Once bitten twice shy pdf


ONCE BITTEN TWICE SHY ''. (Chat échaudé craint l'eau froide). Chorégraphe: Lorna Cairns (Scotland) Novembre Danse en ligne: 32 Temps – 4 Murs. Once Bitten Twice Shy. 32 Count, 4 Wall, Improver. Choreographer: Lorna Cairns (UK) Nov Choreographed to: Gone Gone Gone by Robert Mizzell. PDF | On Dec 24, , J Marshall and others published Once bitten, twice shy.

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Once Bitten Twice Shy Pdf

Free download of Once Bitten, Twice Shy by Linda Louise Rigsbee. Available in PDF, ePub and Kindle. Read, write reviews and more. PDF version of Once Bitten, Twice Shy by Linda Louise Rigsbee. Book One in the series, An Ozark dairy goat farm is an unlikely meeting place for a wealthy. “Once Bitten, Twice Shy”: Participant Perspectives in the Aftermath of an Early HIV Vaccine Trial Termination P.A. Newman*,a, S. Yima, A. Daleyb, R. Walissera, .

Repeat victimiza- tion is the repeated criminal victimization of a person, household, business, place, vehicle, or other target, however deined. Around 40 years of research show that crime is not randomly distributed and that this is largely because targets already victimized are at much greater risk than others. In fact, most crimes are repeats of some sort. One classic study found that 1 percent of people experience 59 percent of personal crime, including violence, and that 2 percent of households experience 41 percent of property crime Pease Crimes are oten repeated quickly, minimizing the likelihood that anything has changed. For example, burglars return quickly if they know what they let behind and know the household layout - though some may wait a few weeks for insurance payments to replace stolen goods, as found by Clarke, Perkins and Smith Even relatively rare crimes such as street robbery are experienced disproportion- ately by the same victims, perhaps because they cannot change their travel route or because they know the ofender—as with much school bullying robbery and as- saults. And success breeds repeats: bank robbers return more oten to the same branch when they escape with signiicant amounts of money Matthews, Pease, and Pease A store that is a lucrative target because it handles a lot of cash but has little security, or a row-end house that other houses do not overlook so it has less guardianship , or a car frequently parked in the same risky spot, may attract diferent ofenders who may also return.

An example will emphasize the importance of implementation. Typically, a range of situational security measures targeted at preventing repeats by the same modus operandi were most efec- tive.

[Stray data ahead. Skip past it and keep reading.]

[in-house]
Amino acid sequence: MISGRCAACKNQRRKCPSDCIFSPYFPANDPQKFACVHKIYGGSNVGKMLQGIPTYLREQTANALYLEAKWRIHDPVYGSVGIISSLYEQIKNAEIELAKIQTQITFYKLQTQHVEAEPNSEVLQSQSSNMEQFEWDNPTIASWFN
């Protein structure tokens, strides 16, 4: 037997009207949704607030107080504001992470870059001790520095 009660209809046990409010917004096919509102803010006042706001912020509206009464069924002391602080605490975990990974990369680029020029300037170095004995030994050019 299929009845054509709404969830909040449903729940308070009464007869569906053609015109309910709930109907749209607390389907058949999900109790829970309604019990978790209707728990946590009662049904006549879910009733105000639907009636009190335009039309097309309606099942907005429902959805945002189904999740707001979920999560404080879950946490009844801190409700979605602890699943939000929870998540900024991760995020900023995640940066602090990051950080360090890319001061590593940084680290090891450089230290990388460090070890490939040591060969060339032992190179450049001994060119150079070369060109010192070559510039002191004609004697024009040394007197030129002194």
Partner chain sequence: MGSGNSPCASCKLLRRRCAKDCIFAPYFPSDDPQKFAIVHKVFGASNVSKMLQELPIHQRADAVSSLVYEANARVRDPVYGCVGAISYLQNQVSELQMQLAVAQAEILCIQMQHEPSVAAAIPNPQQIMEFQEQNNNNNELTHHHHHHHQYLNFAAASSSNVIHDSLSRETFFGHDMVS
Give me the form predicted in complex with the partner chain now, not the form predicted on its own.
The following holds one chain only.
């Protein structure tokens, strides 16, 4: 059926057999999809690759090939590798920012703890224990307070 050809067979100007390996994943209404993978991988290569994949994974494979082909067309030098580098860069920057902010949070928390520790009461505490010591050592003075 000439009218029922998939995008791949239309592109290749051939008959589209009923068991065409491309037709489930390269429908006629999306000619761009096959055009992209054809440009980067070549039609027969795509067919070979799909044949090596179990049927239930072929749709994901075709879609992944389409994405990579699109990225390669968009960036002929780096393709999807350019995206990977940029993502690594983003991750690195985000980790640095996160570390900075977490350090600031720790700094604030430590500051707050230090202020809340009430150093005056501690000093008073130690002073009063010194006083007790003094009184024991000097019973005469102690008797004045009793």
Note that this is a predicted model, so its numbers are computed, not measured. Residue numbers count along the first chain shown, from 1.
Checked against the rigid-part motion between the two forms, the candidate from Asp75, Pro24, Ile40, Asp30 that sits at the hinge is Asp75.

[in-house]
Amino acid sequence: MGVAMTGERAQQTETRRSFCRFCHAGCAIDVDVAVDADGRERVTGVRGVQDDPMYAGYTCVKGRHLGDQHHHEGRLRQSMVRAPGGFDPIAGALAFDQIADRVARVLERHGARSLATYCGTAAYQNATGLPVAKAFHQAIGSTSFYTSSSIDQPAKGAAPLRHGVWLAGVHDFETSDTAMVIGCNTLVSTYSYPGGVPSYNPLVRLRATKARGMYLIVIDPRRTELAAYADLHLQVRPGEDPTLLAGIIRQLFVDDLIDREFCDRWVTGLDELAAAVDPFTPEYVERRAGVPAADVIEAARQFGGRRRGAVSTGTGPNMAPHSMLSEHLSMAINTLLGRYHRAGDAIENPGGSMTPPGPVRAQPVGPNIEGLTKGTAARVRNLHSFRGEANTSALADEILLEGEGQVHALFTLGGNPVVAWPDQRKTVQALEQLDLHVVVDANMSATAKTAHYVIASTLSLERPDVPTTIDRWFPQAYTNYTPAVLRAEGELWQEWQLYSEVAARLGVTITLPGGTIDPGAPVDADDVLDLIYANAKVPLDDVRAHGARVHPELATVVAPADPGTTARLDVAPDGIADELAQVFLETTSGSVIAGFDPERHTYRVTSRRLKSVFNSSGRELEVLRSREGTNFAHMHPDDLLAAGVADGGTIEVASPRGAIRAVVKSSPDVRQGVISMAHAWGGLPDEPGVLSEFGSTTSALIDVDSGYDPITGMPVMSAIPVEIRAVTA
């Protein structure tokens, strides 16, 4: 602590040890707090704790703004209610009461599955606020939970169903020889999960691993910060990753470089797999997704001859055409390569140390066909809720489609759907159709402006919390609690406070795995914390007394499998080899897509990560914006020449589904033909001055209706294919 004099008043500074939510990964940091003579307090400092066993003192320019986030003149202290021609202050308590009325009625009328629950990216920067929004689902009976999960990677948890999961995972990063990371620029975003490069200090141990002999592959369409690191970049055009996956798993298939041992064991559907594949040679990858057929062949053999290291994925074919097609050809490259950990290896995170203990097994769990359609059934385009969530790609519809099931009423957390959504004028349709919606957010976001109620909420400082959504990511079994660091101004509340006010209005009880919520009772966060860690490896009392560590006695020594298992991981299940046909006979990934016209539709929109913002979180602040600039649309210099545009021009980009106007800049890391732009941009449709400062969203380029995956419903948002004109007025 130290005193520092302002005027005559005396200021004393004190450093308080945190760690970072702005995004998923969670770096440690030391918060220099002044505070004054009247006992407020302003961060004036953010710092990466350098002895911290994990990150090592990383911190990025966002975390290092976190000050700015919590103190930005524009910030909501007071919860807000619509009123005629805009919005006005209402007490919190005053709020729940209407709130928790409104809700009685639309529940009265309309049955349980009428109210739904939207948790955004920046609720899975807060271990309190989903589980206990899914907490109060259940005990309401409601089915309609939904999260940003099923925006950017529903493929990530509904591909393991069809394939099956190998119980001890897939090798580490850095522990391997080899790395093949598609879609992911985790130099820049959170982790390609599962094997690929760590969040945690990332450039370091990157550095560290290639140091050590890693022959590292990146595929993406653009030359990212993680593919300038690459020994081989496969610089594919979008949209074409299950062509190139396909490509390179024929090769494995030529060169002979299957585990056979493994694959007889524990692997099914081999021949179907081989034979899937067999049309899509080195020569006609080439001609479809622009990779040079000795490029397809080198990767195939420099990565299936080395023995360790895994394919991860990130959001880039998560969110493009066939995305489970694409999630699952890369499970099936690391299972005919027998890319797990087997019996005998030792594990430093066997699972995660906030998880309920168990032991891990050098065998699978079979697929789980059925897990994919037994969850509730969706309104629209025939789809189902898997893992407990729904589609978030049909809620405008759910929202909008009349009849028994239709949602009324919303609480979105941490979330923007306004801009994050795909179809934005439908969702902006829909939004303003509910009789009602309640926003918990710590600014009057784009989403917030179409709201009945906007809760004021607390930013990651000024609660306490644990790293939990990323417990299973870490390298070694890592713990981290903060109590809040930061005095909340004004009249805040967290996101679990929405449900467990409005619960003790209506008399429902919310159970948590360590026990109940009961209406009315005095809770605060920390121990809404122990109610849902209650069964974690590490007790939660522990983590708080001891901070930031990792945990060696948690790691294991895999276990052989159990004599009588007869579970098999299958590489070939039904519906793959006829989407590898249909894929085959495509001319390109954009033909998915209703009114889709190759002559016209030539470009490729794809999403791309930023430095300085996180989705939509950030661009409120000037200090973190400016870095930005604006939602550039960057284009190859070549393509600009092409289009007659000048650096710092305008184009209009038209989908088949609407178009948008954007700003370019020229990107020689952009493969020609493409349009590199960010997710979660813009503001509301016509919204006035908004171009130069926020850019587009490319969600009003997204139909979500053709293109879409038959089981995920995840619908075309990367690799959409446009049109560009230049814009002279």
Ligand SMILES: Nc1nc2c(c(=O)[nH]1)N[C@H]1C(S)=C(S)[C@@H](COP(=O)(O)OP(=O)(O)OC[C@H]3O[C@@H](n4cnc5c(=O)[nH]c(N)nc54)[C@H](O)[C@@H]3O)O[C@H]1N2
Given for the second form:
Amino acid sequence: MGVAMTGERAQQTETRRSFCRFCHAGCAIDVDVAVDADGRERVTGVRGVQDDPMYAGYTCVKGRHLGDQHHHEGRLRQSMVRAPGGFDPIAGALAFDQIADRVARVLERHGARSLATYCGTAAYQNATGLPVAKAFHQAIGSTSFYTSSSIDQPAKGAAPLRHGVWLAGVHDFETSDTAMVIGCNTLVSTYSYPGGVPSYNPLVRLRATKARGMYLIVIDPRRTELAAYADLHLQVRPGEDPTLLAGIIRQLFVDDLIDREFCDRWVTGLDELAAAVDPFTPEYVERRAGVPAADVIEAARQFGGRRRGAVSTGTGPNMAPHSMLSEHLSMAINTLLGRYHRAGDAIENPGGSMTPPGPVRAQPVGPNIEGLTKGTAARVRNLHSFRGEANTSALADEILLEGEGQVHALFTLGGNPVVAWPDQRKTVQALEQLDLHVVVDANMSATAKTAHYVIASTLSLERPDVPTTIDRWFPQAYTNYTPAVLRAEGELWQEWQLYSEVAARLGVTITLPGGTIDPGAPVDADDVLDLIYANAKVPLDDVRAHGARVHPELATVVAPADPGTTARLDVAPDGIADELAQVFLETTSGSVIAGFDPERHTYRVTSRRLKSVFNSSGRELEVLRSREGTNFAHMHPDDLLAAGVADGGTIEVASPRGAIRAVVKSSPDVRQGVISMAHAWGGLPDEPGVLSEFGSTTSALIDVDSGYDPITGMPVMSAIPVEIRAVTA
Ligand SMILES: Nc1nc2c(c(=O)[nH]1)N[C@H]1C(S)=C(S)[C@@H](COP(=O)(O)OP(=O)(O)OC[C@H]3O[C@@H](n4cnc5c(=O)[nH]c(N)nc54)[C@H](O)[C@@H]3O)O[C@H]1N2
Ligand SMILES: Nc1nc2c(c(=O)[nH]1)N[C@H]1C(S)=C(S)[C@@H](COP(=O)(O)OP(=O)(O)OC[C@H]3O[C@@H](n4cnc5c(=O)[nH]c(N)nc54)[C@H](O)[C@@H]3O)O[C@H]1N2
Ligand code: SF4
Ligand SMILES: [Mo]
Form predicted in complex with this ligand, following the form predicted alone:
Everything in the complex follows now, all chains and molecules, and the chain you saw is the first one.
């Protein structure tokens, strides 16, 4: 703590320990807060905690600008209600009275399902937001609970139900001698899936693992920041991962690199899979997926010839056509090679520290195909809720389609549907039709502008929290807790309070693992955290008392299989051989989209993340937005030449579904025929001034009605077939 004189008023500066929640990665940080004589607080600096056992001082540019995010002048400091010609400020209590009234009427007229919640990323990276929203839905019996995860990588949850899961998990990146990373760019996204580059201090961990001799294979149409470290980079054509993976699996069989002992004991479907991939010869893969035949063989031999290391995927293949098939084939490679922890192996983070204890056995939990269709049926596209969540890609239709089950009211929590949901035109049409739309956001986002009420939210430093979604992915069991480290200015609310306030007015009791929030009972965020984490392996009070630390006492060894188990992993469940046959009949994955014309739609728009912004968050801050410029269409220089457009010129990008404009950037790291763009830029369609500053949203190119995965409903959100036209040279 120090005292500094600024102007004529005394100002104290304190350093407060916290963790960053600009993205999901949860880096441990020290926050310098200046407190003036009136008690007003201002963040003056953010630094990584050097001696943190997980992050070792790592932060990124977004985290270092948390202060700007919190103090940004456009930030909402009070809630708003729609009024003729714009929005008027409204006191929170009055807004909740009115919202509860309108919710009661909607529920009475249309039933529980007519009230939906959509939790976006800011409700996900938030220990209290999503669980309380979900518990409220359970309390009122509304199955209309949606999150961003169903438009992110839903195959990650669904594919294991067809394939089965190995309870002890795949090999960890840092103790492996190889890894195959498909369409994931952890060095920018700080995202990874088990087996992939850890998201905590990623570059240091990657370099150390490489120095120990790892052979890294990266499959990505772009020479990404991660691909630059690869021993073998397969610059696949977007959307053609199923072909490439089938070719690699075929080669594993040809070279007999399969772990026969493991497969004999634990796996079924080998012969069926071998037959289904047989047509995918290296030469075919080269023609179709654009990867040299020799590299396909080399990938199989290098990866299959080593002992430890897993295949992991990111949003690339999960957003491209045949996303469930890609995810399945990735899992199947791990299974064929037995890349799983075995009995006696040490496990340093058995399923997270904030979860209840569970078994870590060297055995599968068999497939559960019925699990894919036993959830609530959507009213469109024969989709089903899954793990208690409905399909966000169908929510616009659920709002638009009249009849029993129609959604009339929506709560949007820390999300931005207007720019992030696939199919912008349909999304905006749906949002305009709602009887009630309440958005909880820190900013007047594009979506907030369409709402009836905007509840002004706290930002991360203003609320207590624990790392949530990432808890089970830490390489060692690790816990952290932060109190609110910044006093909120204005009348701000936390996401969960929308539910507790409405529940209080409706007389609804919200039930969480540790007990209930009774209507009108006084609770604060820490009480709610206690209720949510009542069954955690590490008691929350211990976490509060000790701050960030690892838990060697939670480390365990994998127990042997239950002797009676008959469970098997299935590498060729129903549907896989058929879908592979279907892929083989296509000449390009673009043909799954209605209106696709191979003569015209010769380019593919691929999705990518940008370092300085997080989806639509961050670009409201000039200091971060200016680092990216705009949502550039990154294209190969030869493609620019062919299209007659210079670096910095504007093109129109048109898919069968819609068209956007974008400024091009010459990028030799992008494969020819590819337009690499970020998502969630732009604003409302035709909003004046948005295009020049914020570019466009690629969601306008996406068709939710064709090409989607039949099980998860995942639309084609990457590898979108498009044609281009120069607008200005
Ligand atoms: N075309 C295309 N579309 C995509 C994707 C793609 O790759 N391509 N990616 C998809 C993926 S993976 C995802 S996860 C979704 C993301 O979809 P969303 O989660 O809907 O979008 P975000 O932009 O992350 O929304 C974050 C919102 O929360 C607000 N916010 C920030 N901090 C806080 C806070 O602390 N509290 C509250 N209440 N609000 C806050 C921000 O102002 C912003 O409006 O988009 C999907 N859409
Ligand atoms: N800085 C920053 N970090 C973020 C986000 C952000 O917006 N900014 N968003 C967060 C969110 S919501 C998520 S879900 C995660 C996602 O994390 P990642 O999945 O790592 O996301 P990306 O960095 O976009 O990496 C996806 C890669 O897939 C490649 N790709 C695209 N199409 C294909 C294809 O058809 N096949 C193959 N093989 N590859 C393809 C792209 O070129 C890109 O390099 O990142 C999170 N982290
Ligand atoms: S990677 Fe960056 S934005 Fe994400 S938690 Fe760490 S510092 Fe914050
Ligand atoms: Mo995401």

In contrast, education and advice do not necessarily trigger a strong preventive mechanism either if nothing substantive is implemented or if the measures conceived are weak and unlikely to have much efect.

However, it is important to note that, where there was no reduction in repeats, this does not repre- sent falsiication of the theory of preventing repeat victimization. Even where a pro- ject does not reduce crime, this does not invalidate the theory if the project had poor tactics or implementation.

Discussion and Conclusions here has been signiicant success to date in preventing repeat victimization. Gen- erally, the most successful eforts used appropriate situational crime-prevention measures that were comprehensively implemented.

When little or no crime was prevented, this was for two reasons. First, some prevention tactics were weak or inappropriate. Well-meaning advice and education will not prevent crime—unless it results in implementation of a strong prevention tactic—any more than sticky tape around a damaged door will prevent repeat burglary.

Second, a failure to ade- quately implement preventive tactics means nothing is in place to prevent further crime. While repeat victimization can be prevented, for the full potential of this crime-prevention strategy to be achieved, there needs to be signif- icant additional investment in research and development.

Problem-solving and action-research approaches that develop strong prevention tactics based on analysis of the crime problem should be developed. Figure It could be argued that policy is causing crime by failing to develop this area of crime-prevention strategy. Research on preventing repeat victimization should include greater eforts to prevent near repeats of various sorts. Hence, we conclude that further development of research and policy in this area would be to the signiicant beneit of society.